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publish date : 28 Wednesday March 2012      0:49

French Attacks: Al-Jazeera Won't Air Video

(PARIS) — Al-Jazeera says it will not air a video that appears to show the attacks on soldiers and a Jewish school in southwestern France from the killer's point of view.

French President Nicolas Sarkozy, other French officials and family members of the victims had asked for the footage not to be broadcast.

 

The television station received the footage on a USB key sent with a letter to their Paris office.

Police traced the attacks to 23-year-old Frenchman Mohamed Merah who was killed last week after a more than 30-hour standoff with police at his apartment building.

Prosecutors have said that Merah filmed all of his attacks, which began March 11 with the murder of a French soldier. Before the spree ended, two more soldiers and three Jewish children and a rabbi were killed.

Tarrouche said the images appear to have been taken from the point of view of the killer, perhaps from a camera hung around his neck. He said they were a bit shaky but of a high technical quality.

The video had clearly been manipulated after the fact, according to Tarrouche, with religious songs and recitations of Quranic verses laid over the footage.

"You can hear gunshots at the moment of the killings. You can hear the voice of this person who has committed these assassinations. You can hear also the cries of the victims, and the voices were distorted," Tarrouche said.

In an address to police officers and judges Tuesday, Sarkozy asked that the images not be broadcast.

"I ask the managers of all television stations that might have these images not to broadcast them in any circumstances, out of respect for the victims — out of respect for the Republic," Sarkozy said.

There was no indication that other stations have the images.

Tarrouche said his station is currently deciding whether to broadcast the video. He said he had spoken with the Paris prosecutor, whose office is leading the investigation and who explained the consequences of disseminating the images. But Tarrouche said the prosecutor said he would not prohibit the channel from "doing its work as journalists."

"We are not a sensationalist channel. We're not looking to broadcast images without weighing the risks and the consequences. That's why the management will decide today after meeting at headquarters in Qatar," Tarrouche said.

He said investigators spent Monday interviewing employees at the Paris bureau about the video. It was not immediately clear when the footage was received or who had sent it.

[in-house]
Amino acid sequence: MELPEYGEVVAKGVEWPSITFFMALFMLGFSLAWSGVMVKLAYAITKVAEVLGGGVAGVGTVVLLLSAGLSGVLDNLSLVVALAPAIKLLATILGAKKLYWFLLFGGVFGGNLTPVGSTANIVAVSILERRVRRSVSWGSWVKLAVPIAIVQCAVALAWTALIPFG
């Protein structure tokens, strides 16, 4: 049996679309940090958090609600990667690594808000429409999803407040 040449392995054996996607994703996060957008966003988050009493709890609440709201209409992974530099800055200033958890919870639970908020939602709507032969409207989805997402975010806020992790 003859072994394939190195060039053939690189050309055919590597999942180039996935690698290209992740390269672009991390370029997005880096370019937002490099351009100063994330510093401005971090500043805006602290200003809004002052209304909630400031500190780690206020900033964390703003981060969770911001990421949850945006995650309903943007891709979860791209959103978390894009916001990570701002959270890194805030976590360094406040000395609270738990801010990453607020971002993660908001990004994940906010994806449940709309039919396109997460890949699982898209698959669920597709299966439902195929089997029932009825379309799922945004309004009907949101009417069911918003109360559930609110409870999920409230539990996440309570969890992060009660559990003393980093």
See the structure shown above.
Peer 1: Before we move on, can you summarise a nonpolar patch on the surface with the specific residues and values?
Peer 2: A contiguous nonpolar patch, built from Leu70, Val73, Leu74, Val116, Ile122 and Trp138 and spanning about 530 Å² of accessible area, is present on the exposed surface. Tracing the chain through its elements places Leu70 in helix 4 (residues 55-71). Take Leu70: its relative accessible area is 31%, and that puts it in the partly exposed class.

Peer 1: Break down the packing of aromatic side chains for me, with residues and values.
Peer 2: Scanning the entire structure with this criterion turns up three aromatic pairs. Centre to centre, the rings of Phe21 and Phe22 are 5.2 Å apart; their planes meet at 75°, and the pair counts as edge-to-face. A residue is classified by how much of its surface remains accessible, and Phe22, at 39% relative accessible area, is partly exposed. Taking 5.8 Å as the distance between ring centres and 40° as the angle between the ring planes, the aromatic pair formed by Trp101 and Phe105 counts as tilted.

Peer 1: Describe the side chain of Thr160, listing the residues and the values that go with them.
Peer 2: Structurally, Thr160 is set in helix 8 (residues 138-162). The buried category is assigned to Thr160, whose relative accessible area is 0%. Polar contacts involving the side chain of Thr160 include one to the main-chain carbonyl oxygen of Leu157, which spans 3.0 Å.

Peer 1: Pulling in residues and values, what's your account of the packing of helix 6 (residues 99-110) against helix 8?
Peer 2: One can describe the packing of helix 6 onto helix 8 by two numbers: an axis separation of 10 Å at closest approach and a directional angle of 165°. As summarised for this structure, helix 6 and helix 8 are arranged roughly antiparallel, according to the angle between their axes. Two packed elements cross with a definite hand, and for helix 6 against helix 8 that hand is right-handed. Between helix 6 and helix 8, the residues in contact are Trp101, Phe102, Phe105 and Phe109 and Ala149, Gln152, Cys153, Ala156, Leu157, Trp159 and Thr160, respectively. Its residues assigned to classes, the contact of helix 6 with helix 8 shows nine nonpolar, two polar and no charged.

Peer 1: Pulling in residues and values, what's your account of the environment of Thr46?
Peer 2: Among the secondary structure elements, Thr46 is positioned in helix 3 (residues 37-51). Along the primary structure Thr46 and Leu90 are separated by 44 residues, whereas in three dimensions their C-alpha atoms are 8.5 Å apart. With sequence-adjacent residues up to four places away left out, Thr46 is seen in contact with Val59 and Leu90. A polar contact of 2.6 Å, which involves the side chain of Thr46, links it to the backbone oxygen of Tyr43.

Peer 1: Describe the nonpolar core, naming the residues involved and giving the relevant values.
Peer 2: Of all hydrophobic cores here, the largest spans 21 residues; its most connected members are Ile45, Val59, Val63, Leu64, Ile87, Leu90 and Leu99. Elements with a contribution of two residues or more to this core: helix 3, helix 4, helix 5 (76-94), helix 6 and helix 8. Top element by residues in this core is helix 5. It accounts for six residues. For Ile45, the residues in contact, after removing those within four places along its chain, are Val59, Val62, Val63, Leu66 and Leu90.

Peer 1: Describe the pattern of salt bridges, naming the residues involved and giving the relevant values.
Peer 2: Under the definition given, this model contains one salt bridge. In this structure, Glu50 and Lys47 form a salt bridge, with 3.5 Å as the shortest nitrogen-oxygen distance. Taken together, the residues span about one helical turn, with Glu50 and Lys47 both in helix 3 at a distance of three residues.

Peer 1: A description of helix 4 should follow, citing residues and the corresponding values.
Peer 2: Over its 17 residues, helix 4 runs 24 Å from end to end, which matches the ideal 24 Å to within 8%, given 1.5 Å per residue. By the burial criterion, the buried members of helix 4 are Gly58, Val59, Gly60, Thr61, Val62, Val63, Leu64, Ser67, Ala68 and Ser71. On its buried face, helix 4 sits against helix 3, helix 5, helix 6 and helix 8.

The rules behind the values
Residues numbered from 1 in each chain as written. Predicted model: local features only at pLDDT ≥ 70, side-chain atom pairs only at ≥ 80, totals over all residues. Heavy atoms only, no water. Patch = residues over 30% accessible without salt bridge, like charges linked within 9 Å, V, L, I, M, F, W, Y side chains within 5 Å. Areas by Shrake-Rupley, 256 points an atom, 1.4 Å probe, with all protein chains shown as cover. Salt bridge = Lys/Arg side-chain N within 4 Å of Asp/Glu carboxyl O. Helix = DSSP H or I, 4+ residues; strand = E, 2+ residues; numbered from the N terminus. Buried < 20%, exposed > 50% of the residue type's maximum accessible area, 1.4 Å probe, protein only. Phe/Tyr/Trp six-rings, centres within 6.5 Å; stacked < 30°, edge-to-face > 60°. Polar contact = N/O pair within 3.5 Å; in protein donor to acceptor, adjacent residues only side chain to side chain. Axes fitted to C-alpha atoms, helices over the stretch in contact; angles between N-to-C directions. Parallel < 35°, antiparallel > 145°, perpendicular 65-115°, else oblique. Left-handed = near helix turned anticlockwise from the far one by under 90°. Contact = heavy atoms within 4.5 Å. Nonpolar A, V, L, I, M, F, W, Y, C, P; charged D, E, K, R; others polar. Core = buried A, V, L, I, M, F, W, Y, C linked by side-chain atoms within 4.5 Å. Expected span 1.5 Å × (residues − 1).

Al-Jazeera was frequently used early in the Iraq and Afghan wars as a conduit for militants, including Osama bin Laden, to distribute taped statements. As the Iraq war progressed, many of these tapes included gruesome killings and beheadings of Western or foreign hostages, although the station edited out some of the grisliest scenes at the moment of death.

The broadcasts drew outrage, especially from the Bush administration. Over time, most militant groups opted instead for posting such videos on their own websites, where they were not subject to outside editing standards.

A lawyer for the families of the victims killed outside the Jewish school, Patrick Klugman, warned on Tuesday that there would be legal consequences for those who disseminate the footage.

"Clearly, we'll go after them wherever they are, whatever media," he said on BFM television.

Meanwhile, Merah's father, who was estranged from his son and lives in Algeria, has reportedly said he wants to file a complaint for Mohamed's death. In his address, Sarkozy expressed outrage at that idea.

"It's with indignation that I learned that the father of the assassin of seven people — including three soldiers and three children — wanted to file a lawsuit against France for the death of his son," Sarkozy said. "Do we need to remind this man that his son filmed his crimes and diabolically made sure to send these despicable images to a television station?"

Sarkozy has said Merah was not part of a terror cell, but investigators are looking into whether his brother, Abdelkader, was an accomplice, and whether anyone else might have been involved.

Preliminary charges for complicity in murder and terrorism have been filed against Abdelkader, though no evidence has emerged that he took part directly in the shooting.

 



 




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